This experience, and my increasing awareness of structural issues facing women in engineering, has allowed me to look at gender equity as a system issue. I can identify and assist more women to access a fulfilling and rewarding career and gain greater financial independence.
Years later, here I am writing about the benefits of gender diversity again!
And as well as my board portfolio, I’m currently actively creating a more inclusive culture in construction and asset services in my role as Executive for Diversity and Inclusion for Downer’s Mining, Energy and Industrial division to improve business performance with innovative solutions.
So why is gender diversity important in engineering, and how does gender diversity improve development?
In an attempt to crystallise an answer based on research, rather than purely my own opinion and personal experience, I spoke to Juliet Bourke.
Juliet Bourke is a Partner of Human Capital at Deloitte, an author and a TEDx speaker who has written many papers and books on diversity and its contribution to diversity of thought.
Juliet steered me to the following four prevailing thoughts on gender diversity that she outlines in depth in her book, Which Two Heads are Better Than One.
- Men and women think differently (not her view)
- Men and women have been socialised to see their environments and behave differently
- Men and women may bring different life experiences which are relevant to the task
- Gender diversity improves collective intelligence because it changes conversations
Bourke concludes that while there may be some inherent gender differences, the similarities are much stronger. She agrees with the latter three thoughts – particularly that gender balance brings out more views that are diverse from group dynamics.
Perhaps that’s what my supervisor noticed 20 years ago!
Bringing together different life experiences and socialisation seem to be supported by many anecdotes, often used to call for greater gender diversity in development of technology.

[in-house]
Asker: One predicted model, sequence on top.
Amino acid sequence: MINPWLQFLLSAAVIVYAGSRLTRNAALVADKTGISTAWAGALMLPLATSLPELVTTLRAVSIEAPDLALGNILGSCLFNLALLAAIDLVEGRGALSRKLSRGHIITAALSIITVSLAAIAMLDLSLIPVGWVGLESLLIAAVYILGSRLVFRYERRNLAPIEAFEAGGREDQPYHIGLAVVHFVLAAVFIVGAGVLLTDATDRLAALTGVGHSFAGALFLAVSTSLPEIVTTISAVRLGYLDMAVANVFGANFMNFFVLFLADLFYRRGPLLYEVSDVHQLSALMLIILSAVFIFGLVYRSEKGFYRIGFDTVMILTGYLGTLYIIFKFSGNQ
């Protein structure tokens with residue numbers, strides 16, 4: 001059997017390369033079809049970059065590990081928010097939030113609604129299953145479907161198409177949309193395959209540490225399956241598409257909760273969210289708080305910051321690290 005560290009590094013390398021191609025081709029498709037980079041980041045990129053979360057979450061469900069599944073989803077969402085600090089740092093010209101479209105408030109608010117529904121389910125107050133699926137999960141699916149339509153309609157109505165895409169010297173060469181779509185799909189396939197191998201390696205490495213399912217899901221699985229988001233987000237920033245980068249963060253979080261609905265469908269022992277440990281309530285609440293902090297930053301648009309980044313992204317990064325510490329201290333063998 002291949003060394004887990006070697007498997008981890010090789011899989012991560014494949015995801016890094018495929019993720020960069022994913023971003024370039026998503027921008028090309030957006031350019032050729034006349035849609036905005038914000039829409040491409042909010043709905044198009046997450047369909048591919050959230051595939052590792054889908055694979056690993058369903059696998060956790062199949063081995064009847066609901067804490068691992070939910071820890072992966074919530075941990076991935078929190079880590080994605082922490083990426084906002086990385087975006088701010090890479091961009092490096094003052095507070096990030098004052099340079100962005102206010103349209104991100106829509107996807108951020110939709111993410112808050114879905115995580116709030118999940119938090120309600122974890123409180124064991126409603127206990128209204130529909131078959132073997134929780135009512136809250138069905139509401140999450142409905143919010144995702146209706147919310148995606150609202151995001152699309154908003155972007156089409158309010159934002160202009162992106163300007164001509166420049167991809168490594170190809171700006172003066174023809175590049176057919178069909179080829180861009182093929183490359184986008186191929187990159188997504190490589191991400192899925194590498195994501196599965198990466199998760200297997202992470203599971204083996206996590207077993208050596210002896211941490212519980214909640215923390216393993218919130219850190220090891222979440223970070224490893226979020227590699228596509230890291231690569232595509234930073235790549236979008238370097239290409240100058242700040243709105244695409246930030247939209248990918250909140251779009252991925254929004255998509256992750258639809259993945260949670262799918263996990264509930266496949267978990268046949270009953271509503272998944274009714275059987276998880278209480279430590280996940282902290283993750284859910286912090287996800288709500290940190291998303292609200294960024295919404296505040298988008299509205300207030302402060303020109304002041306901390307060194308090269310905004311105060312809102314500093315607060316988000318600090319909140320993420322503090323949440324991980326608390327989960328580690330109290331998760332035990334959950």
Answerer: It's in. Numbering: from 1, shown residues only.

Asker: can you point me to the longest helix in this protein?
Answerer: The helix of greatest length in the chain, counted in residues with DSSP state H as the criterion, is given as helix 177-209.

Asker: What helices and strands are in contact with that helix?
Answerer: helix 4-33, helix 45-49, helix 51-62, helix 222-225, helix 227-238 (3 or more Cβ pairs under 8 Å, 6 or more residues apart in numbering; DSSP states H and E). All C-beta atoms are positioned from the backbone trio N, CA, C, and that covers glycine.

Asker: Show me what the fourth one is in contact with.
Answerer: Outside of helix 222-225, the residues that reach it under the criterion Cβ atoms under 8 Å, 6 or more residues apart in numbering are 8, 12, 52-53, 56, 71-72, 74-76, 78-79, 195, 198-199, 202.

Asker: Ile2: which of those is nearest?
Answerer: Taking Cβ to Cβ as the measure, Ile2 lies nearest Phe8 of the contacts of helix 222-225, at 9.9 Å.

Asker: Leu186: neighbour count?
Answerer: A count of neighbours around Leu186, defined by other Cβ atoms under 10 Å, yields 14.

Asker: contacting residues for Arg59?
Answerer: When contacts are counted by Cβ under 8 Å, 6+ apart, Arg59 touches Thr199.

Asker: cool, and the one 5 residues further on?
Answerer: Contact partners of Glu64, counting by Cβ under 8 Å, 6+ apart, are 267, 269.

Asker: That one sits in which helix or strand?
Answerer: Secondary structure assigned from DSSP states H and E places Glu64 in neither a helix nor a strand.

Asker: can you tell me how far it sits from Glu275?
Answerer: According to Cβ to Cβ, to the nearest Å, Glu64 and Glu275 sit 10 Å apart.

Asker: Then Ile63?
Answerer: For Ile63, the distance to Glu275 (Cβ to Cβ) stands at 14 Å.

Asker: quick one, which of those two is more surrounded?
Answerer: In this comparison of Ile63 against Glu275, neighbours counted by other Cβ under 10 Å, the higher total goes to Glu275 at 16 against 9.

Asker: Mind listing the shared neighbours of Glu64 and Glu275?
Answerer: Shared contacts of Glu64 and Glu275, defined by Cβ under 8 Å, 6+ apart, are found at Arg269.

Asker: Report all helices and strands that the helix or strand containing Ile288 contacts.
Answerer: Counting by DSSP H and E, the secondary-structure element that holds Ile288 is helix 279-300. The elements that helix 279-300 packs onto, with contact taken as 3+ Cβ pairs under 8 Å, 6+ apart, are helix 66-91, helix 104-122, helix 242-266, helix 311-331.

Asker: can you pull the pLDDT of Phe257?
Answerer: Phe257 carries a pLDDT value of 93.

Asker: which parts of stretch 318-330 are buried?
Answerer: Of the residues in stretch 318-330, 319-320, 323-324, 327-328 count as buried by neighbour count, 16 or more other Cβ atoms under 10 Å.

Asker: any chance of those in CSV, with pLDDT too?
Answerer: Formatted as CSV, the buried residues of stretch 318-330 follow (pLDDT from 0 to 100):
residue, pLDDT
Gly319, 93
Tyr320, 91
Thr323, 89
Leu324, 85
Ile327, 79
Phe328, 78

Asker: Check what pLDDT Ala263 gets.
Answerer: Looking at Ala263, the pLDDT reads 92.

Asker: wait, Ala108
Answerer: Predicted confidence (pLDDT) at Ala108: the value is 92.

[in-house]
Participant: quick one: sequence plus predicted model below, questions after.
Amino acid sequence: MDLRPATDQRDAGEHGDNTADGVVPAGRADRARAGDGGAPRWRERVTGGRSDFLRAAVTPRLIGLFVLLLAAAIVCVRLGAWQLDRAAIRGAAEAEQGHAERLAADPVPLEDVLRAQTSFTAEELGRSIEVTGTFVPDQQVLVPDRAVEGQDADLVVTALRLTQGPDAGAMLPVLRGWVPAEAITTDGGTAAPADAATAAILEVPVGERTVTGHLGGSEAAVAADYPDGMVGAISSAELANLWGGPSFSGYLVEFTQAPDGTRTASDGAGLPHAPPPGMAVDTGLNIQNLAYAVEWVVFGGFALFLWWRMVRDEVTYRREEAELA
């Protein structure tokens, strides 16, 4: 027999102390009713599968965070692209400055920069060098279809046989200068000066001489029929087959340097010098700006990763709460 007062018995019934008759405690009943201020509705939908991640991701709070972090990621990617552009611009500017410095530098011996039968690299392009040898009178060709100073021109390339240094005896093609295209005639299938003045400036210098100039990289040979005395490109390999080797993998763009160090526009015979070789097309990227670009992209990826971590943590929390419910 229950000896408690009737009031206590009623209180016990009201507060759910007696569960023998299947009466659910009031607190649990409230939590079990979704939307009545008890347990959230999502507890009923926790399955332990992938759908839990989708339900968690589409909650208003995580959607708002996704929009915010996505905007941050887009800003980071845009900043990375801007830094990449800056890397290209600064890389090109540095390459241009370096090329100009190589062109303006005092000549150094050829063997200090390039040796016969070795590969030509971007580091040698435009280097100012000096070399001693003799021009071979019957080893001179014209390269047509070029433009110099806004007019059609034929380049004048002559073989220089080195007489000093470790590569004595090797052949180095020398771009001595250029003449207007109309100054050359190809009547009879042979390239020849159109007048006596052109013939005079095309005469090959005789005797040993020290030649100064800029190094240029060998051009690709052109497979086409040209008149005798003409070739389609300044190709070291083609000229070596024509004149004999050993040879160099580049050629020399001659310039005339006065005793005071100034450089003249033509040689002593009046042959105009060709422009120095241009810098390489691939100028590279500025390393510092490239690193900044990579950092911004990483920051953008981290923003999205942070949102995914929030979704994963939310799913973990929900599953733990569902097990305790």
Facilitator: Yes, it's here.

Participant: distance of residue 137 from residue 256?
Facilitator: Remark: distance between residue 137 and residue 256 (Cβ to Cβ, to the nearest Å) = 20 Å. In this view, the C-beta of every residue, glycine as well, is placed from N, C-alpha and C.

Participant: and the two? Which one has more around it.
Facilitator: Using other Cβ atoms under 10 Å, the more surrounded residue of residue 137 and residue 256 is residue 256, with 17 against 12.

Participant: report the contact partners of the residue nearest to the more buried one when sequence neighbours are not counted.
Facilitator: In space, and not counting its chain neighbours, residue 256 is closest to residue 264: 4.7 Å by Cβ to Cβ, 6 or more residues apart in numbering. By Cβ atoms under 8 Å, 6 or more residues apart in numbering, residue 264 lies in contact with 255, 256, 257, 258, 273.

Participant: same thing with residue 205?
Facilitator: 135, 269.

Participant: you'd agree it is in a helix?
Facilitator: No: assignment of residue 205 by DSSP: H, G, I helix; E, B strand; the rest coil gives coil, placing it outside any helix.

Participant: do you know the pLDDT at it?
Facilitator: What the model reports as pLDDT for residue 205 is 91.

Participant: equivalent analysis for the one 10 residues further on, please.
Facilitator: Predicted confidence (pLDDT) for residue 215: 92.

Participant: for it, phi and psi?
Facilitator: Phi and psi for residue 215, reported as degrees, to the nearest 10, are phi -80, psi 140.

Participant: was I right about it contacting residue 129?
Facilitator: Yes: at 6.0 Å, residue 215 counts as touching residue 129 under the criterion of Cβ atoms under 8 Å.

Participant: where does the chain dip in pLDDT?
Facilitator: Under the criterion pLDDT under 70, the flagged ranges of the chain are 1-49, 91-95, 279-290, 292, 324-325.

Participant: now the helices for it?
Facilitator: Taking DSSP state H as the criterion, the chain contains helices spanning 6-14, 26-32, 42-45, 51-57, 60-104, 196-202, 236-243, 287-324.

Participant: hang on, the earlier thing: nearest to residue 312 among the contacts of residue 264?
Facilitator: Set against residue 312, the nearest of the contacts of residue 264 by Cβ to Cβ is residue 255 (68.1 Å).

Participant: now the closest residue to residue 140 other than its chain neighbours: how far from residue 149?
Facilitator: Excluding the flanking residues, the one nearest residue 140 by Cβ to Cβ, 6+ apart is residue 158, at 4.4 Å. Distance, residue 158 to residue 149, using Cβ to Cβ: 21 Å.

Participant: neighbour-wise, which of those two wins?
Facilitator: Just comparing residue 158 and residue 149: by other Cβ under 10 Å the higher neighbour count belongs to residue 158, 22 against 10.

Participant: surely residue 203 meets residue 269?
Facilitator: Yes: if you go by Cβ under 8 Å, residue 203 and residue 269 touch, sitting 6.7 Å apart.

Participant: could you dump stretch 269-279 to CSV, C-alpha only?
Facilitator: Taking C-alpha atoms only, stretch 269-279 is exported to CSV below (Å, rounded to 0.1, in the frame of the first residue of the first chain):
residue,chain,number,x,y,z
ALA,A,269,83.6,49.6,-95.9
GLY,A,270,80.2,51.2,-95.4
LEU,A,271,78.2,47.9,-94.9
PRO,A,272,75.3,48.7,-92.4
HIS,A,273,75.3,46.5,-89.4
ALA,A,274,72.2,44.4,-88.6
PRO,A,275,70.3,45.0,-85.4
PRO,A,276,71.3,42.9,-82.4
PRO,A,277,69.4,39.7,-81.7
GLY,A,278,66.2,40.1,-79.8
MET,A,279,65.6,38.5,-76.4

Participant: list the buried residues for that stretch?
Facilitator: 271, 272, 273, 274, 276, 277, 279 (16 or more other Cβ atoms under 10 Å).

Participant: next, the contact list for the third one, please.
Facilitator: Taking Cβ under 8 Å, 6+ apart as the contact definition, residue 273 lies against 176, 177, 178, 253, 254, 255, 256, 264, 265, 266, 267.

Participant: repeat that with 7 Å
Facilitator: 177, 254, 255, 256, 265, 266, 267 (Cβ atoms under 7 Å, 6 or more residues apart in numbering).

For example, I recently participated on a gender diversity panel with Dr Sue Keay, the former Chief Operating Officer of the ARC Centre of Excellence for Robotic Vision and now Research Director Cyber-Physical Systems at CSIRO’s Data61.
I was fascinated to hear her recounting the story of crash test dummies and airbag development.
Between 1973 and 2011, crash test dummies were exclusively made to represent the height and weight of average males, showing shocking thoughtlessness about the diversity of users. It resulted in 47 per cent higher rates of serious injuries for seat-belted women and children over many decades.
So it’s not just a good thing to be more inclusive of your users, it may be imperative.
And these stories are widespread, including in early voice recognition systems not recognising female voices, and of technology companies being slow to realise the benefit to women of including menstrual cycles in their otherwise comprehensive health apps.
Company chair and director
Leeanne Bond FTSE has 30 years corporate experience including more than 14 years as a professional company director. She helped establish WorleyParsons’ business in Queensland, NT and PNG. She is currently the independent non-executive chair of ASX listed Synertec Corporation Limited and a non-executive director of ASX listed Liquefied Natural Gas Limited (LNG), Snowy Hydro Limited, the Clean Energy Finance Corporation, The University of Queensland’s JKTech Pty Ltd and QADO Services Pty Ltd. In addition to her board portfolio, Ms Bond is also Executive for Diversity and Inclusion at Downer Mining Energy and Industrial, advising the CEO on improving gender diversity.